I would play little psychological games with myself. I would see that next person up there and say to myself “That’s a girl. I cannot let a girl beat me“, or “Well that is just a young high school kid. What do they know about discipline and pacing? I can’t let them beat me“, or ” That dude is just way too muscular to be a runner. Just carrying all that extra muscle weight around. I cannot let him beat me“. And so it went throughout the whole race.  I must have positioned myself well at the beginning of the race as there may have just been one or two people that passed me, but I gradually passed innumerable other racers. That is always nice for psychological boost while you are racing.
I am very please with my overall time, but I am much more pleased with the progressive increase of speed and overall negative split pacing for the race. My splits were as follows: 7:25, 7:30, 7:20, 7:17, 7:04, 7:08, 6:57, 6:53, 6:53, 6:47, 6:50, 6:50, 6:31.
The last hundred yards or so was an all-out sprint against a tall and lanky high school aged guy. He beat me out at the end. I was not sure if my legs could continue turning over that fast as it is not something I usually practice. I didn’t want some dramatic tumble and fall at the end at the finish line.
So now, a couple days out am a bit sore but did a bit of running last night. Overall, it was a bit of a confidence booster and I will go into my marathon better prepared and confident that I will be able to complete it.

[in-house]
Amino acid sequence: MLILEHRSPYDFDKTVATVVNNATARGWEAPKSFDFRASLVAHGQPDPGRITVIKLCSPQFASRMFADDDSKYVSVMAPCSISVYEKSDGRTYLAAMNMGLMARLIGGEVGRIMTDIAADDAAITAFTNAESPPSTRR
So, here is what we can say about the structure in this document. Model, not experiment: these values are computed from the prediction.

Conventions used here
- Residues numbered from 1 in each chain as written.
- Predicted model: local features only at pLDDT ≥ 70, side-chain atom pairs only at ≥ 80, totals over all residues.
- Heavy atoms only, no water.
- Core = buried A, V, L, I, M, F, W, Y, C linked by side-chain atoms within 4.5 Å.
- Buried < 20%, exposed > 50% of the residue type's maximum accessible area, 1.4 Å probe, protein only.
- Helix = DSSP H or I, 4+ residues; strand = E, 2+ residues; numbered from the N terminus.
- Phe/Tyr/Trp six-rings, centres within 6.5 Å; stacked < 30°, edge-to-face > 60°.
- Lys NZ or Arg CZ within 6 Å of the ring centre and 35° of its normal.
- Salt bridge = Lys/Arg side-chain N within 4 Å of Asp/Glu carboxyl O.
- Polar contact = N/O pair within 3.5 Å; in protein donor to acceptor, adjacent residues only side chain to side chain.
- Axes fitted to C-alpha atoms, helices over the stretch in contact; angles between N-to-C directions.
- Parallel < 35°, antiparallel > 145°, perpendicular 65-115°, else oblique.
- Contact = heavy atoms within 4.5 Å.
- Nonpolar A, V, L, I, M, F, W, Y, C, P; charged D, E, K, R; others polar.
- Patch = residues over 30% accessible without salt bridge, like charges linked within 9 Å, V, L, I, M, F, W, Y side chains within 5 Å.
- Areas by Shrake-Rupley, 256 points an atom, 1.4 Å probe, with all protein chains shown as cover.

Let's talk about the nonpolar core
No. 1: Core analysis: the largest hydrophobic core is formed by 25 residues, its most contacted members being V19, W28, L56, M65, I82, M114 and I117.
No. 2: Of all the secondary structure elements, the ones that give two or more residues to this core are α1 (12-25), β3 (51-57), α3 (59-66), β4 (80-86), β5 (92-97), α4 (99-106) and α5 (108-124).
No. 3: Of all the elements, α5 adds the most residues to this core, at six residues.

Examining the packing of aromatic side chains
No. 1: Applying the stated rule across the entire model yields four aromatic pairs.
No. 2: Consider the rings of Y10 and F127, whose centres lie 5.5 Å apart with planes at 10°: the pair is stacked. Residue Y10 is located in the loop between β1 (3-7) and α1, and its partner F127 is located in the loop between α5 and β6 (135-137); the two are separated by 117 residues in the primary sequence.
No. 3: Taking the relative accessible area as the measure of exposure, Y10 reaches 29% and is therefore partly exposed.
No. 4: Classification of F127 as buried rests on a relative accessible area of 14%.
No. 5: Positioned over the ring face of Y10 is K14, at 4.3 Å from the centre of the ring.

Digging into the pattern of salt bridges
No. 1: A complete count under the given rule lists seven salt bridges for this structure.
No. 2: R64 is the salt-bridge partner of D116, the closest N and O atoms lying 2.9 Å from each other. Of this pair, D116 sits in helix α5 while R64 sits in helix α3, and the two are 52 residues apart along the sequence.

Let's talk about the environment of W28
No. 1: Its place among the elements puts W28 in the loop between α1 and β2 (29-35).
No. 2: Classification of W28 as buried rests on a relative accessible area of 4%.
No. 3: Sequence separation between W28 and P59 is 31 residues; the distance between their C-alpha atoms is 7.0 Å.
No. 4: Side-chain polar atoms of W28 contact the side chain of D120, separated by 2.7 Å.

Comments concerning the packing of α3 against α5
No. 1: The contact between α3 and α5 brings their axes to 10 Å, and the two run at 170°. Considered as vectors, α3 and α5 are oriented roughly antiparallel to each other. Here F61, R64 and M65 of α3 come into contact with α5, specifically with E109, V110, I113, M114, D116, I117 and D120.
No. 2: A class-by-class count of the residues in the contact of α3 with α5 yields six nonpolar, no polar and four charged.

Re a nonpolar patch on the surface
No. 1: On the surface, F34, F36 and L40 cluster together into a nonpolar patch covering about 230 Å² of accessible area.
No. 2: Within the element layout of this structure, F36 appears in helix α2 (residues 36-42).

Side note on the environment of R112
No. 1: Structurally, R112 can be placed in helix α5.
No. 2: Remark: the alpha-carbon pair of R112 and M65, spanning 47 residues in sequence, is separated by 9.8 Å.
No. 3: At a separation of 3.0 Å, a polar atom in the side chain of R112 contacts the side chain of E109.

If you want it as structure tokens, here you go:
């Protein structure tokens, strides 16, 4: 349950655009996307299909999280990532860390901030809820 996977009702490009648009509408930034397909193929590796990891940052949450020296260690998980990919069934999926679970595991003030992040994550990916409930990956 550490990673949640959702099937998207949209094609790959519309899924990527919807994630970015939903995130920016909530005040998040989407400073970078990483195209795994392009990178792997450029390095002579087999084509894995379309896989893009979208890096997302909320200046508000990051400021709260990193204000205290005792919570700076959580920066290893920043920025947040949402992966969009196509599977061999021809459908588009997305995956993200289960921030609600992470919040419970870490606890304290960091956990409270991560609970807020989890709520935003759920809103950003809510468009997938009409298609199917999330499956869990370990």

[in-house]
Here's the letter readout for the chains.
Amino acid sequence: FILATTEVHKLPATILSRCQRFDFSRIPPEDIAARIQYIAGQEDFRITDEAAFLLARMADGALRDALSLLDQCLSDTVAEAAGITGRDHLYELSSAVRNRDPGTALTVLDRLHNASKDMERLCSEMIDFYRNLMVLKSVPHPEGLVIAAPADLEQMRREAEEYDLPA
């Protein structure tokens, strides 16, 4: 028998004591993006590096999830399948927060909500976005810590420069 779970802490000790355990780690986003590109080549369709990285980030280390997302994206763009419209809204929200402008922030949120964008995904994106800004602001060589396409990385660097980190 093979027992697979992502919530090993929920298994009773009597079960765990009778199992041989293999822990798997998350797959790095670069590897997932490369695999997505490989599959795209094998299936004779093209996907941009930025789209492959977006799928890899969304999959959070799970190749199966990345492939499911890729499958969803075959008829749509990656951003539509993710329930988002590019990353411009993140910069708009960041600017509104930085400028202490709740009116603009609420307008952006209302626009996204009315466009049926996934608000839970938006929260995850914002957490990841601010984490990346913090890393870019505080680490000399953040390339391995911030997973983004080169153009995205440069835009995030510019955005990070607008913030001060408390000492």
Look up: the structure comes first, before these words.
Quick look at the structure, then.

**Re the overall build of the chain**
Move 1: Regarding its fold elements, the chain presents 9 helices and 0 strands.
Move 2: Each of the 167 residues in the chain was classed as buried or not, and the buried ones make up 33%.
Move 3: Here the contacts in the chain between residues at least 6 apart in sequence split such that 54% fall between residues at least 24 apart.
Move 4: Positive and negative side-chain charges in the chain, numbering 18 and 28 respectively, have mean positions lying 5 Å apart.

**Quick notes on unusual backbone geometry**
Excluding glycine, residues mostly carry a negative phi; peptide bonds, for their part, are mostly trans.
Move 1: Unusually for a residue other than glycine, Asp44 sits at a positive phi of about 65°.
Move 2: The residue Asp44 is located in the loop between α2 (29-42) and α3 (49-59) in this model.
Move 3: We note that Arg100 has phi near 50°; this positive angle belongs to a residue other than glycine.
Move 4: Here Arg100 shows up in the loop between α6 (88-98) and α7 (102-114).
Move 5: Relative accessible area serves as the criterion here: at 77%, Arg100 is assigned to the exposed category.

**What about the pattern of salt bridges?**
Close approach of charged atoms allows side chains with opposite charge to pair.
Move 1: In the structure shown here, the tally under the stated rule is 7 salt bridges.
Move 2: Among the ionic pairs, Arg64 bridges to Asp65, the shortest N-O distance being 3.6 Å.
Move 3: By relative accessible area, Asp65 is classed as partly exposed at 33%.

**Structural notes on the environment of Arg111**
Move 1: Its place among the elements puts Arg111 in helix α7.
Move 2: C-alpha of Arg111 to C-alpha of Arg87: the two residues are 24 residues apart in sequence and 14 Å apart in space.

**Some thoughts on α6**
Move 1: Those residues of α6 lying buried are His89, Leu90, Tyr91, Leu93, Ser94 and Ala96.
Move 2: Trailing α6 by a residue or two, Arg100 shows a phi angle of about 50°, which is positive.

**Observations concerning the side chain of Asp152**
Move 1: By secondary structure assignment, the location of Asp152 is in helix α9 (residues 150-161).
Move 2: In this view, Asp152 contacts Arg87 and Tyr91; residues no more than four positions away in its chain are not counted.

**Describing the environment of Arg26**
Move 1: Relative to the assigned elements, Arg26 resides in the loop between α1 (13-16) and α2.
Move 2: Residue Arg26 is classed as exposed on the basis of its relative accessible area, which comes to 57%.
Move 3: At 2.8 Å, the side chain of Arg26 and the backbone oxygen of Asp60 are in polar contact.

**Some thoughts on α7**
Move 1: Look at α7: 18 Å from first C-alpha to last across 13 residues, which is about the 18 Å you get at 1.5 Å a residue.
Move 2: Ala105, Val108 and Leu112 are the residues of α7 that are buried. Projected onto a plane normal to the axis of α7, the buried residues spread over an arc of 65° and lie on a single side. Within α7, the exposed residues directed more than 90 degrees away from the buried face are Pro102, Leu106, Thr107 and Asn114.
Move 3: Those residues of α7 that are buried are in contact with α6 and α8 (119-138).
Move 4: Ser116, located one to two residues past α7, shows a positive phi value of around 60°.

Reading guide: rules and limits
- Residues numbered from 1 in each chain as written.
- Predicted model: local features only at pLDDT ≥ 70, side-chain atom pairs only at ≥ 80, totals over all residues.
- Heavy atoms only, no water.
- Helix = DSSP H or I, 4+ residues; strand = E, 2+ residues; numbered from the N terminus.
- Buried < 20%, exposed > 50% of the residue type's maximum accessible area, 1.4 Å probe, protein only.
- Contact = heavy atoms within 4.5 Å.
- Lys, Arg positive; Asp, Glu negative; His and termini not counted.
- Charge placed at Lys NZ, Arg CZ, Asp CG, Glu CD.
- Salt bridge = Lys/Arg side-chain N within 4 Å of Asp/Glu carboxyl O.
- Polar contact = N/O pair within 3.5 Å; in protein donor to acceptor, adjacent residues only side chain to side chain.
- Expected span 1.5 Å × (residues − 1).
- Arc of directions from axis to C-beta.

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33 YEARS LATER…

The year 2012 was a year of big changes, personally. Much of it will hopefully be resolved and stabilized in 2013. 2012 was a big year of changes, healthwise. I started regular exercise exacly 1 year ago, resumed race competition after a 30-plus year hiatus, and started paying much better attention to the quality of food I put into my body. And it has been a lot more food, too – over 312,000 kcal’s worth extra over the last 12 months.
I look forward to a faster 2013. My running, and cycling base will be much more solid going into the early Spring race season. It will be very interesting to repeat some of the same events and truly be able to compare last year to this year. This winter, I will have two new events never attempted before: a half marathon, and then 3 weeks later a full marathon. I am self trained, and so my confidence wavers back and forth with these longer endurance events. I signed up for the marathon pretty ambitious and set pretty high goals. I didn’t realize how long those long training runs really are. It is a real commitment. I have continued my training, but possibly ratcheting back my expectations for time and pace. I will just try to do my best, finish it, and then start concentrating on triathlon season. The discipline of all the running I have done over the winter will certainly help build a strong running base for triathlons.

Here’s an important observation. Triathlon winners, regardless of the age group, are fast runners! It doesn’t matter if you are a world class swimmer, you’ve got to be able to hold your own on the bike and kick ass on the run.

Speaking of swimming. I found this 33 year old photograph from my glory days of high school swimming: I was a pure sprinter. My event were between 20 seconds and 2 minutes (actually 1minute 42 seconds for the 200 yd. An event lasting upwards of two minutes would have required some pacing and nutrition strategy)

Fountain Valley High School Swim Team 1980. Off the blocks.

Fountain Valley High School Swim Team 1980. Off the blocks.

I tried recently to duplicate this taut muscular form. This is the best I could do:

Off the blocks in 2012. Not quite the rigid muscular form I enjoyed 33 years ago.

Off the blocks in 2012. Not quite the rigid muscular form I enjoyed 33 years ago.

Hey, at least I can still get away with wearing a Speedo. Good luck in your 2013 season.

Posted in REVIEW, Swimming, Triathlon | 4 Comments